`case null:` (here we go)
kevinb at google.com
Tue May 1 22:38:39 UTC 2018
On Tue, May 1, 2018 at 2:33 PM, John Rose <john.r.rose at oracle.com> wrote:
On Apr 27, 2018, at 8:59 AM, Kevin Bourrillion <kevinb at google.com> wrote:
> > 6. That benefit has to be weighed against the damage we will be causing.
> Here is the meat of it:
> > - `default` will no longer mean default. There is really no way around
> You have to push the historic hostility to null either to the switch or
> the default. So either (as you say) "default doesn't mean default"
> or (with the same meaning) "switch doesn't mean switch" or we
> break history or we ret-con either switch or default. Pick your poison.
> I pick "default means (null-hostile) default". What's so hard about that?
We can't just localize the null-hostility to `default`, since
null-case-less switches that don't have `default` will still throw.
It has always been `switch` itself that is null-hostile. We can only change
that through conceptual contortions; I'm doubtful we can find anything as
tidy as what you suggest.
> - Null will be treated unaccountably differently from all other values in
> switch. It becomes harder to explain how switch works -- "sorry, no null"
> is at least easy.
> It's not easy at all when you *need* to pass nulls.
Sure. I was making a different point about the conceptual simplicity of the
feature. "Easy to explain" and "easy to code your use case" are simply
I don't buy the objection
> that we didn't allow nulls before; now we will allow "case var x:" and
> (again) the choice is simple and stark: either "var means var" (and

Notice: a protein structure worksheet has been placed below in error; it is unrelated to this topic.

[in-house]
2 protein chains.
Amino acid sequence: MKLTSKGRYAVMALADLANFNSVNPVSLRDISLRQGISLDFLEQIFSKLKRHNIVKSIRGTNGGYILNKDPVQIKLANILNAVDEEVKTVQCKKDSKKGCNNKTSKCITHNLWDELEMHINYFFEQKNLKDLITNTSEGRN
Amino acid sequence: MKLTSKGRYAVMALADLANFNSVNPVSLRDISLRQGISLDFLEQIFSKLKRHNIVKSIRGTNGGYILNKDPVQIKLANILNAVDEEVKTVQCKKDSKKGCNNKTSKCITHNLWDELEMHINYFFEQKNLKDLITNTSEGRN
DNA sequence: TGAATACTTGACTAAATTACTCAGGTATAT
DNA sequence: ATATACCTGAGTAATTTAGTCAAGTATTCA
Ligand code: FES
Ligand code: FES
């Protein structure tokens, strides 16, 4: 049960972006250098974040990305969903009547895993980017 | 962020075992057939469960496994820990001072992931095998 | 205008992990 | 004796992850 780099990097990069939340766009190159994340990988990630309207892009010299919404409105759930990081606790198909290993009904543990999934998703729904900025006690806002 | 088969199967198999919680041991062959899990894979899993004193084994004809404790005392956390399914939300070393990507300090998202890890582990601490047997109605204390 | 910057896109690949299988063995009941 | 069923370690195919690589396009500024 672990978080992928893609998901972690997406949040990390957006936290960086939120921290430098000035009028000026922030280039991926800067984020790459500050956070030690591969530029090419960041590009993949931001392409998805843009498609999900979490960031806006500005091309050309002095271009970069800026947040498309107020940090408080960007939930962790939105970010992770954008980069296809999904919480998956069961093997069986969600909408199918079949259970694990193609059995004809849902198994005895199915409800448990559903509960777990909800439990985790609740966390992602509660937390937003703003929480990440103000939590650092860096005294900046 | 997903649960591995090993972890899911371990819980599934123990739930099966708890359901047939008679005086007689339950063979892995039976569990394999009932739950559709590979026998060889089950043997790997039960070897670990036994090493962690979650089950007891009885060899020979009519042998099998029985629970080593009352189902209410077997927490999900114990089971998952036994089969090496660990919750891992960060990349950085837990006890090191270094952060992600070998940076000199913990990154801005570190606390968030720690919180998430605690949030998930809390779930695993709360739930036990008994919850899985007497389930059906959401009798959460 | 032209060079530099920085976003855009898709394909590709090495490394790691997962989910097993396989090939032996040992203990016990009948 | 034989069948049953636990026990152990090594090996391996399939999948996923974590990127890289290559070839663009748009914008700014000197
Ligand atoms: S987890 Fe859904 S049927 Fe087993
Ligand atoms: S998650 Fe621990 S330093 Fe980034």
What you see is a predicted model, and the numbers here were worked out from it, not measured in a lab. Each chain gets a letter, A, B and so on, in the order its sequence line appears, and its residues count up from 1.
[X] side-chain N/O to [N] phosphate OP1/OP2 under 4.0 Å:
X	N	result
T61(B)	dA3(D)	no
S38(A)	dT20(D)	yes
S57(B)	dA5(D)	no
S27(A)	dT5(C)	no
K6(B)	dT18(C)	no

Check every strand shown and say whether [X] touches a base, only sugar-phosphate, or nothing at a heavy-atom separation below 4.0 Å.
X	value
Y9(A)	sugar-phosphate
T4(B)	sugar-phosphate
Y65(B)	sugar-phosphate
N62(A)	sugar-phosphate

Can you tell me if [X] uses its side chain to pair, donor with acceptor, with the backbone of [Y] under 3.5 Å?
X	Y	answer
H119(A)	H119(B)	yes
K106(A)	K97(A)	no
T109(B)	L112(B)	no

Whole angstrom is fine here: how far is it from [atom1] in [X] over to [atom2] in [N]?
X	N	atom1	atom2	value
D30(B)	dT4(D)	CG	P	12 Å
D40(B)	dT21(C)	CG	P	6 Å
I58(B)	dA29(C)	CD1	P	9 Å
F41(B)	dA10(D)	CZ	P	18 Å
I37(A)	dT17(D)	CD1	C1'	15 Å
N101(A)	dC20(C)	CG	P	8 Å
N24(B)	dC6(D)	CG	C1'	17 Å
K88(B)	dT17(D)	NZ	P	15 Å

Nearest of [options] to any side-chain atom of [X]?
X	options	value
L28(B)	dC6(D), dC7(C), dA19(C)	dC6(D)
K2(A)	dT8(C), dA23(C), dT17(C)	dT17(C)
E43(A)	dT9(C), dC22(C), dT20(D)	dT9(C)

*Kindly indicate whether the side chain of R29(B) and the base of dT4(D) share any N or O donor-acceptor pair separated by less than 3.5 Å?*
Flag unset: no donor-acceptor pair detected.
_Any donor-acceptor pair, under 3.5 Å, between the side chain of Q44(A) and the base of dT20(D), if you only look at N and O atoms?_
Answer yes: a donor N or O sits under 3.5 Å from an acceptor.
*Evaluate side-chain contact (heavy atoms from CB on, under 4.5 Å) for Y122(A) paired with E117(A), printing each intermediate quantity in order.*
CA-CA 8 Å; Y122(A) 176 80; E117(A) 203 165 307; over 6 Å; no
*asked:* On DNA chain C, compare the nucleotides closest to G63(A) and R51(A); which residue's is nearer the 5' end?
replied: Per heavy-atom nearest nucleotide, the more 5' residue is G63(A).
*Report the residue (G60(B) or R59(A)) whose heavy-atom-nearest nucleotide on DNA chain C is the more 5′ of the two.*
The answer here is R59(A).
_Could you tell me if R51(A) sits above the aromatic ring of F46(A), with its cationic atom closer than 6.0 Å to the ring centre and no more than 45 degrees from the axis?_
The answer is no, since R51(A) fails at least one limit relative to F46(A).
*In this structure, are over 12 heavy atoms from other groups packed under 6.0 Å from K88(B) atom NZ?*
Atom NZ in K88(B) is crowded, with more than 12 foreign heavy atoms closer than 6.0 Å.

> allows null if the type is nullable) or else "var means null-hostile var"
> in a switch. Really, you are plumping for "switch is (null-hostile)
> switch", but that has the unfortunate effect of making "var" be null
> hostile in a switch—
Would that really look like a null-hostile `var`? To me, it looks like the
var allows null but the switch is not letting it through. If I doubt that,
I can just look at the stack trace. I assume it would point straight at the
switch, as it does today.
> Instead it's "well, switch itself allows null, but it assumes you want a
> `case null` that throws if you don't say otherwise". Looked at without
> knowing all the baggage, is this not a bit bizarre?
> A bit. Far less bizarre than "Here's a general classifier syntax.
> But it doesn't work on null, sorry."
I suppose we'll agree to disagree on this part. I think it's unfortunate,
but still conceptually simple. The reason it rejects null is the exact
same reason it always did. (The fact that reason is *bad* was already
conceded at top.)
> > - Also (back to how this email started), this appears to be the only
> factor forcing us to introduce a `default, case x` syntax we would never
> otherwise need - or to mint some other bespoke construction we would,
> again, never otherwise need.
> We don't need to mint any such construction. We could simply say this:
> "You know that old fallthrough thing you sometimes need for combining
> cases? Well, you need need it when you want case null to fall through
> into default." Null-friendliness, in that story, is just one of the
> that might move you towards colons and away from arrows.
> And Remi has already sketched a reasonable extension (bespoke
> construction) which is good for lots of things: You simply give an
> "or" construction along the lines of "case x,y,z:" and then you allow
> default to play in the or construction. There's nothing surprising
> about that proposal, when you realize that the main use of
> fall-through in today's switches is to get the effect of an or
> construction, with or without default. What's more natural
> than finding a way to do this with arrow-switches? You don't
> even need to mention null to justify this, and then easier null
> friendliness (with arrow as well as colon) is one of the side-effects.
This sounds like a persuasive case that the grammar should allow for
`default, case null`. But I agree with that already (it was how this thread
began). It is fine. I just felt it was noteworthy that we would never have
needed the ability to comma-combine default with other case labels if not
for this. It's minted for this very special case.
Kevin Bourrillion | Java Librarian | Google, Inc. | kevinb at google.com
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